Creative Student Projects that can help to Reduce Bullying

Bullying today has become a very serious problem with many consequences parents and teachers rarely consider until it becomes to late so one should recognize that creative student projects can be done so that kids can identify bullying or even prevent bullying are limited but not beyond merit.

The thing that teachers, no matter the grade level, should consider is how the project should be handled and what kind of audience it is they are dealing with since no two groups will ever respond the same way to the same approach.

More valuable than what you have to say is what the parents themselves have to say to your ideas for the class because in many instances they had been bullies or bullied at one point themselves. The teacher must address the parents of the students in their class as a group before doing any project without a majority agreement on how the bullying situation will be addressed.

If you decide to do a play that teaches the negative consequences of bullying you need to do it right and it should be done in full view of the entire school rather then class by class. Those actually identified as bullies should be made to perform in the play so they are constantly “programmed” against the very same behaviors they manifest by playing the role of the bullied in full view of the student body, not to mention have the people they actually bullied (depending on how bad the harassment was) act as the bullies toward them.

The result of this should be three fold:

Actual bullies are attention seekers, thus with the need sated they will no longer feel the desire for negative attention and this makes acting perfect for them.

By making bullies and the children they bullied reverse their real life roles in the class room during a rehearsed stage performance they can develop an understanding of the other person’s view point. It also forces them to actually work together and serve the common good as team players. (Carefully monitored by teachers at all times)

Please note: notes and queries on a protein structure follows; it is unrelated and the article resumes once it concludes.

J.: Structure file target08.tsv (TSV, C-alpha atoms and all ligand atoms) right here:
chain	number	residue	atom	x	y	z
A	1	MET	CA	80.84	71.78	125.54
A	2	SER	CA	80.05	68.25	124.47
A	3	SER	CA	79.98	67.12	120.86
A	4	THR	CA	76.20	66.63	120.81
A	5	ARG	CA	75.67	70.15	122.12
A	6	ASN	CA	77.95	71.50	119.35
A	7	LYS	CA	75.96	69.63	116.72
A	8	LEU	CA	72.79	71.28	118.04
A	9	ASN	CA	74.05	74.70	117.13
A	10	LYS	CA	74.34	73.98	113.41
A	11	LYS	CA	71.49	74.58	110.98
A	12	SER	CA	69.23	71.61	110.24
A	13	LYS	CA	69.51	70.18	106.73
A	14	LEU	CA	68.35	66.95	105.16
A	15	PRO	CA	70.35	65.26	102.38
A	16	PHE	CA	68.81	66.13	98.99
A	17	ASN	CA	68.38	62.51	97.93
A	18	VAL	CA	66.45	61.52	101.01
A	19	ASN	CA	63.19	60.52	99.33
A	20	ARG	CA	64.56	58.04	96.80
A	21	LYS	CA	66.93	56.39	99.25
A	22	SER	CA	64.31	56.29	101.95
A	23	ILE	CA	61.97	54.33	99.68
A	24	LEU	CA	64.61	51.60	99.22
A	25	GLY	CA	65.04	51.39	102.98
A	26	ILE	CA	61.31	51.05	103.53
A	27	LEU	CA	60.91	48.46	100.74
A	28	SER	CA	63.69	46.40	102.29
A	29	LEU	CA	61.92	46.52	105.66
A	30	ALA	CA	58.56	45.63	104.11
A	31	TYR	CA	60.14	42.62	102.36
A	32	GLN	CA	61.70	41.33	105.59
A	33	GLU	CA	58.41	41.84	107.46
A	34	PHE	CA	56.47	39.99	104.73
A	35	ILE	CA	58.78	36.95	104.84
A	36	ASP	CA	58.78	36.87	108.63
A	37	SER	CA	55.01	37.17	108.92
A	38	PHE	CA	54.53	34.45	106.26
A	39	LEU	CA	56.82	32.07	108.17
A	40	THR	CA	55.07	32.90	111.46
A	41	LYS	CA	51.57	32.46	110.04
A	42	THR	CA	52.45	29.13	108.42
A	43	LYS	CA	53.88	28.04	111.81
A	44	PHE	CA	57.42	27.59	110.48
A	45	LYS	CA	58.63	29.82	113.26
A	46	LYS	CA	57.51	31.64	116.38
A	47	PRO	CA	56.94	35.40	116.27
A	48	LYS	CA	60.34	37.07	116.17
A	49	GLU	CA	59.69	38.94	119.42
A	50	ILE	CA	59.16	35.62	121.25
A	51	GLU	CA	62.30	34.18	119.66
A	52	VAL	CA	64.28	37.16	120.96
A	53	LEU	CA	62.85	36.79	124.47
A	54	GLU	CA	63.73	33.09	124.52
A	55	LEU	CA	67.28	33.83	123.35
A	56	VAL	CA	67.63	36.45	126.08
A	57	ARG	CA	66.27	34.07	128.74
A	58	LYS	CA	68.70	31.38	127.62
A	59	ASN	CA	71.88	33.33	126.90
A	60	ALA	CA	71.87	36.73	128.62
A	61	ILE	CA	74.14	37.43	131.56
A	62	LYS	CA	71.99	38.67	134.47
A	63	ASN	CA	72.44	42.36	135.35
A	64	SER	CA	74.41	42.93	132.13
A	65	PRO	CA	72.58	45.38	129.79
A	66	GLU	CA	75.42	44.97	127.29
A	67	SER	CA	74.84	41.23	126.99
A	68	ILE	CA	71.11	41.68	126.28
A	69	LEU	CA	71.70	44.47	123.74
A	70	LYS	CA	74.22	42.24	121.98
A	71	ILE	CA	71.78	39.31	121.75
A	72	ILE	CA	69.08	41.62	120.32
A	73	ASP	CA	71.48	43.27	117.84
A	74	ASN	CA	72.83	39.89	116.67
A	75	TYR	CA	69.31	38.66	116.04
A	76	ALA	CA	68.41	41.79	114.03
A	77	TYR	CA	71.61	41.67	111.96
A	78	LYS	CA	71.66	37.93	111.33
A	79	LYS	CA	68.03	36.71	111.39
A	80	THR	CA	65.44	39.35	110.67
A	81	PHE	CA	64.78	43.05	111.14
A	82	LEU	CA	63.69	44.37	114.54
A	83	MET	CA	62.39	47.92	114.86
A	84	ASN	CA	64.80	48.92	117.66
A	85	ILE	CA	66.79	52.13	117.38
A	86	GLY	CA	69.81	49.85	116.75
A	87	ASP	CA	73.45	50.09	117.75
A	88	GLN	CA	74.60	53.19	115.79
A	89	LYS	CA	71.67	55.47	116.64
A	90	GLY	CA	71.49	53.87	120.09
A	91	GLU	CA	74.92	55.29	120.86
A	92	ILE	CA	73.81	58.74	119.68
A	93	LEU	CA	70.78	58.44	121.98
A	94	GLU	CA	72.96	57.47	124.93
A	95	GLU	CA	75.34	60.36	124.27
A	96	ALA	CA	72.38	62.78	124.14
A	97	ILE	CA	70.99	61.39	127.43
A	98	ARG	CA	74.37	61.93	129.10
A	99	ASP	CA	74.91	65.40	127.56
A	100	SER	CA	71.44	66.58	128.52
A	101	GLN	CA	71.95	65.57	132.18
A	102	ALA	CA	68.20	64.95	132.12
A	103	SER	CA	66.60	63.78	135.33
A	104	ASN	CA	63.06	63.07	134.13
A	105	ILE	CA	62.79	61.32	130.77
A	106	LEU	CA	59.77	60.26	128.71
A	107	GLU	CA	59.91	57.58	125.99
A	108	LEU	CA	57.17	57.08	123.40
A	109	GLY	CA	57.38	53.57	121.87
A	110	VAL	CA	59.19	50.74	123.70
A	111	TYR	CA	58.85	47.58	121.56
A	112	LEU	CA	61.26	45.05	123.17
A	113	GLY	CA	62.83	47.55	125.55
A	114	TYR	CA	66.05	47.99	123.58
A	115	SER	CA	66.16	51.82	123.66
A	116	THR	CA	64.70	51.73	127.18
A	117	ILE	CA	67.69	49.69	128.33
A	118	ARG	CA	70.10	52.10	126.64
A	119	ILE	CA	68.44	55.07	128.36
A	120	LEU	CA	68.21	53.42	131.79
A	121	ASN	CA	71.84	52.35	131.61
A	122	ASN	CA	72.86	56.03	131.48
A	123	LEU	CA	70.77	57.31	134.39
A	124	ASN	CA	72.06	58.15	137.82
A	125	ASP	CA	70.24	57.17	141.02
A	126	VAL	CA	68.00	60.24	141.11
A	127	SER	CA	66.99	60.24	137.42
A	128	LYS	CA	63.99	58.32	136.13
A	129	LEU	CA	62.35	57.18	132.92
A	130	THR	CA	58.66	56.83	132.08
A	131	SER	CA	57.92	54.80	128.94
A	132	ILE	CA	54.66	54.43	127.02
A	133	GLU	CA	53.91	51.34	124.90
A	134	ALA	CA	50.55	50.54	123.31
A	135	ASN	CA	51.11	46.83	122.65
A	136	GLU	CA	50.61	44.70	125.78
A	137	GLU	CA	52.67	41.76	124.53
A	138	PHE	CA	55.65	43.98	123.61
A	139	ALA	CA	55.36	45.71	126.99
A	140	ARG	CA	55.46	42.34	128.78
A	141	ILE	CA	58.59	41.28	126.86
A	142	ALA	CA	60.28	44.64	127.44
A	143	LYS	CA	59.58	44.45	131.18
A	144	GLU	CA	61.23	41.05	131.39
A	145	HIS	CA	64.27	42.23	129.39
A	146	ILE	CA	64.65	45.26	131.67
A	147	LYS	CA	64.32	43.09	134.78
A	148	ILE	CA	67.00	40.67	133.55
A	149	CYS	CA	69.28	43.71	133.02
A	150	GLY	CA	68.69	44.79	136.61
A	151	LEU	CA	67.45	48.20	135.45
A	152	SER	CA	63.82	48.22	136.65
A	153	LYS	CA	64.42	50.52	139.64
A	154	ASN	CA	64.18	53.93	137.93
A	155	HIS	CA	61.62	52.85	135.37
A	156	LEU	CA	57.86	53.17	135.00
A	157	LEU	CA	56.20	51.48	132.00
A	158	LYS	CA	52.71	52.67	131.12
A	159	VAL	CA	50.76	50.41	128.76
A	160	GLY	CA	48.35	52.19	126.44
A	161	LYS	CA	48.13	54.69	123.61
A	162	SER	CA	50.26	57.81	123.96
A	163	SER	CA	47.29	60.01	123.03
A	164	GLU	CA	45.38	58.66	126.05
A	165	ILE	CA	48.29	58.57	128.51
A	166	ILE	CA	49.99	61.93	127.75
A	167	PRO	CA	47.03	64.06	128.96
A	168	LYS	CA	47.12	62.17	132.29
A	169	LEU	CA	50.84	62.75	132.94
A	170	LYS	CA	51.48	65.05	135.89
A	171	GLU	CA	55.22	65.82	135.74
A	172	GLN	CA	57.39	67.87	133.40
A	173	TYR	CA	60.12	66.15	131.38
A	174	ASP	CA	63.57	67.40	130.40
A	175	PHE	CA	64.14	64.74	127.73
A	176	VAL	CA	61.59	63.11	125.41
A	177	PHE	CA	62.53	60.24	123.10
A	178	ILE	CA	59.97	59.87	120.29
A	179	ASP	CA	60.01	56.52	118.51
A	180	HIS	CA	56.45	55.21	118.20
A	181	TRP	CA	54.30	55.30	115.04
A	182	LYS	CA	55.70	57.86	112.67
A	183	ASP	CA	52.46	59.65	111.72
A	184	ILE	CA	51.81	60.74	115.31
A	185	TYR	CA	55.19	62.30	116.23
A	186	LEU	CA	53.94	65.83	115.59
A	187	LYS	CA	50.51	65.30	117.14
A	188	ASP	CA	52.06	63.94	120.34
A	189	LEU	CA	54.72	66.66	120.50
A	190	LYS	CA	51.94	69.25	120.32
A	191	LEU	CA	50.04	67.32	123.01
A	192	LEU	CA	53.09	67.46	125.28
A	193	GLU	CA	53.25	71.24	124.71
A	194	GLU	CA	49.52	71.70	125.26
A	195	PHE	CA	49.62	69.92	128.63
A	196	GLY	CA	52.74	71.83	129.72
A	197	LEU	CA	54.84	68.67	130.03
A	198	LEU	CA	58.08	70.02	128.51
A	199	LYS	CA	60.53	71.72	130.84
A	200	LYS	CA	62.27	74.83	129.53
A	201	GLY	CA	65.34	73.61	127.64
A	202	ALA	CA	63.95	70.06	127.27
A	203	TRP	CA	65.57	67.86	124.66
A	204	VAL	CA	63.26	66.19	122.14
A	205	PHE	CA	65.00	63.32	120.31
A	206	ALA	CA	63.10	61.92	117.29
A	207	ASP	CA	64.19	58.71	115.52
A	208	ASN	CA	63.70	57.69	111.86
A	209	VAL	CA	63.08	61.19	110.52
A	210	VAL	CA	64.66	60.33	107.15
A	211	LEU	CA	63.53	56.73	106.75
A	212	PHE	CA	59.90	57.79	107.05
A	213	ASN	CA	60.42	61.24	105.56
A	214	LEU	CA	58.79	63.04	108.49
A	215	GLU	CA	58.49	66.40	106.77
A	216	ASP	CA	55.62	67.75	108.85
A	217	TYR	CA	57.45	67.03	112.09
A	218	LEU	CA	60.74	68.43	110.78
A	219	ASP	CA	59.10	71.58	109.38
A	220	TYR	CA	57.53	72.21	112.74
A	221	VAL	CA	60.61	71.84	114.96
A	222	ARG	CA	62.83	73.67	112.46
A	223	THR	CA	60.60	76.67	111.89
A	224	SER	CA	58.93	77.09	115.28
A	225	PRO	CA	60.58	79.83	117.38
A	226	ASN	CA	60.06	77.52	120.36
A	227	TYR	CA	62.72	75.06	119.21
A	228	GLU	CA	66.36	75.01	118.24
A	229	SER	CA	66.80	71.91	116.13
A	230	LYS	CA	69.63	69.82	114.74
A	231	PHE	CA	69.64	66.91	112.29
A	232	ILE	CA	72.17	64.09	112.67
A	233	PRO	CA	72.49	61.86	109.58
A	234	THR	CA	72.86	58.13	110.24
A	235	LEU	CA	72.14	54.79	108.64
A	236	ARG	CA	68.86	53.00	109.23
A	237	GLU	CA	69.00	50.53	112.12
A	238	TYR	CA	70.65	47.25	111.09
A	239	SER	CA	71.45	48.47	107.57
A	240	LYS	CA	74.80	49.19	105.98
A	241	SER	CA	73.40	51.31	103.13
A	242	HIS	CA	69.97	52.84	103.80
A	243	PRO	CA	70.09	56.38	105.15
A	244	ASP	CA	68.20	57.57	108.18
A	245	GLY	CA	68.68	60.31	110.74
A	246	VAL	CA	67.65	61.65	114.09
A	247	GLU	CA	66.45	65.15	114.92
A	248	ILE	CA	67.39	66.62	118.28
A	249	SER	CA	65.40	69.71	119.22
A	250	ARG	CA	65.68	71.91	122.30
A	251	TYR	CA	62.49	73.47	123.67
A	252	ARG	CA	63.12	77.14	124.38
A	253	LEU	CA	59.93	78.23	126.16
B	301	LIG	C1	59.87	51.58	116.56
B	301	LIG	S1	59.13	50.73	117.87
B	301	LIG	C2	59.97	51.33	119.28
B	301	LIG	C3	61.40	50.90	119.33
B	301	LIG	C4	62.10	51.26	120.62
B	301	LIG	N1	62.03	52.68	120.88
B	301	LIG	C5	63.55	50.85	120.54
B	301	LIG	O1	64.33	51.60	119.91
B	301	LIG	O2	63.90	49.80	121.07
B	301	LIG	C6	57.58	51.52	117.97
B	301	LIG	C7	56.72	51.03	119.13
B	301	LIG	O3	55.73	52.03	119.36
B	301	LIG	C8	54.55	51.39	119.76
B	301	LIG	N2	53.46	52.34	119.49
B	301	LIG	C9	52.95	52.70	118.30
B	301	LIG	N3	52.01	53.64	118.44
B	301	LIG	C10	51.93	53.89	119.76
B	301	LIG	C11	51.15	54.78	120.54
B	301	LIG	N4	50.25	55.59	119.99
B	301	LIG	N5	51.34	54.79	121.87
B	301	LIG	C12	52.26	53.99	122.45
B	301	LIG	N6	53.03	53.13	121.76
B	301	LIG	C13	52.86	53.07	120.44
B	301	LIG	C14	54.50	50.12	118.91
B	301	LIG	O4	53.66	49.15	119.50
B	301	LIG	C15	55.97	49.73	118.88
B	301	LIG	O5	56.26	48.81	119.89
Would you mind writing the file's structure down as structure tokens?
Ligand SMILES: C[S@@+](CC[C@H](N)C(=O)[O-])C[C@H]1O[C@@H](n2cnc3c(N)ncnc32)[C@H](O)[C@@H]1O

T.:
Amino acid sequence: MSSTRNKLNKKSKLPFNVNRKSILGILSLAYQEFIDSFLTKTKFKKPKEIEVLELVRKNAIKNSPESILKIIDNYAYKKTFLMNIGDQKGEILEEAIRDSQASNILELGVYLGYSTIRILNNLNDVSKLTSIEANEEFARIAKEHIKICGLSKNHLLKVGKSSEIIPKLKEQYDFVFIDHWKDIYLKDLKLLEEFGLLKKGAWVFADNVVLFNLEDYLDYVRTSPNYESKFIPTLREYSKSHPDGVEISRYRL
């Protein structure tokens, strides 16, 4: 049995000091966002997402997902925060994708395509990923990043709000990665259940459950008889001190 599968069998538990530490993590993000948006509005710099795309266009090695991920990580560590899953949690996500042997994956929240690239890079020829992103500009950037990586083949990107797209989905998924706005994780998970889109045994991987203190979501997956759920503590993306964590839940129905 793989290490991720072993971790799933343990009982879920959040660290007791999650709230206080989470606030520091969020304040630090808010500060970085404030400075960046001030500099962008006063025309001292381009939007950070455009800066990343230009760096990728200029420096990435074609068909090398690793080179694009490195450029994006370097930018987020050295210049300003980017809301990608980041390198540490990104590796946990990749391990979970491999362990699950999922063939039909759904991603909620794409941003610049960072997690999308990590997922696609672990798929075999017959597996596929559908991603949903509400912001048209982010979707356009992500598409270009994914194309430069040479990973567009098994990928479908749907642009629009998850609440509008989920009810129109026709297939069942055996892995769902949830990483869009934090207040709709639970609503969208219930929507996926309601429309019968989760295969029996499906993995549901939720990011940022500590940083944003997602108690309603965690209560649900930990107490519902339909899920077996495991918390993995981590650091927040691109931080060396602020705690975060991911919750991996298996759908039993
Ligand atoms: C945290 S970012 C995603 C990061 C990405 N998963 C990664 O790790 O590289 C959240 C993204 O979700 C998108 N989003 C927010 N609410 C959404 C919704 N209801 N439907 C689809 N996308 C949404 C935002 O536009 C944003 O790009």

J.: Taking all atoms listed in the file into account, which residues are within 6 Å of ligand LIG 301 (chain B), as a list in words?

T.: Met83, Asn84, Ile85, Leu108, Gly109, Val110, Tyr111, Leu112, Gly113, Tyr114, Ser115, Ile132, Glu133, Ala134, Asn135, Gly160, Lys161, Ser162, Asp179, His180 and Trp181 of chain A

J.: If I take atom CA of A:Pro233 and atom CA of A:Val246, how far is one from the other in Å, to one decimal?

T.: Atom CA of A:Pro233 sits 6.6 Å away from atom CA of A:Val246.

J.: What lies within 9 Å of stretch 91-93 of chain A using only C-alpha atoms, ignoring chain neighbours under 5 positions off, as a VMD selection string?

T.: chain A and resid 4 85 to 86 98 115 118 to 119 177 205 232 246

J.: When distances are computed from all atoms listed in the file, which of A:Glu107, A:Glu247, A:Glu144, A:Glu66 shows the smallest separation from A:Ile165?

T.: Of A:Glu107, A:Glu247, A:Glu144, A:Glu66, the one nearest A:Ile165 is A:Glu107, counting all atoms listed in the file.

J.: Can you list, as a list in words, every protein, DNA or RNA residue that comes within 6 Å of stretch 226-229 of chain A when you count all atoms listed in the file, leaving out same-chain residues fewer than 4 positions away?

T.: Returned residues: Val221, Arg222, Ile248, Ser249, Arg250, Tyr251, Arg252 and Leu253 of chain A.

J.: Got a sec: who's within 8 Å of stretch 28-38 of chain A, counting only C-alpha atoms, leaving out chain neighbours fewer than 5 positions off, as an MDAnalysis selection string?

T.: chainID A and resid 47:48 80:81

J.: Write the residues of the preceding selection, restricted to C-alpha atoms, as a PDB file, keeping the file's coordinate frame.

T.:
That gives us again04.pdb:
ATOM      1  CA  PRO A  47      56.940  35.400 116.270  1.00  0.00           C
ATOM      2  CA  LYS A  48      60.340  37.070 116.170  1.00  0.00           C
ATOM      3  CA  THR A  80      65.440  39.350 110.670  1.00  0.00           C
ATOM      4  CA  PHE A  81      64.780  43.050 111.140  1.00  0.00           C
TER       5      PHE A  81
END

Children no matter the age should see exactly the kind of behavior they should avoid and a rehearsed performance also satisfies this need.

An approach that may also yield effective results is allowing open dialog between the bullies and the bullied almost like two rival nations in peace talks except instead of the United Nations as mediator the teacher becomes the mediator and enforcer of what ever terms they agree to. Talks should be held in full view of the class so that students can also help enforce the peace terms they will eventually arrive at. In this way a teacher can give both parties valuable tools for the adult world they will one day enter by giving them the skills to bargain and negotiate with people they don’t like without resorting to violence.

Some rules the teacher should consider for this activity are as follows:

Openly hear out both sides without actually taking a side for or against either party.

Keep the conversation civil and insist that both children or groups of children do not resort to threats and name calling.

Never allow physical violence and make sure to keep your eyes on both children during the entire conversation.

If an agreement can not be reached then you are responsible for reaching it for them based on what you hear the children say to one another.

Always remember that you are the adult and responsible for your student’s behavior.

The golden rule to any student project you plan no matter how harmless is that the real person you are trying to reach is the parent who will ultimately hear about the activity from the child when they get home and could enforce it’s value or destroy your progress with a single negative remark.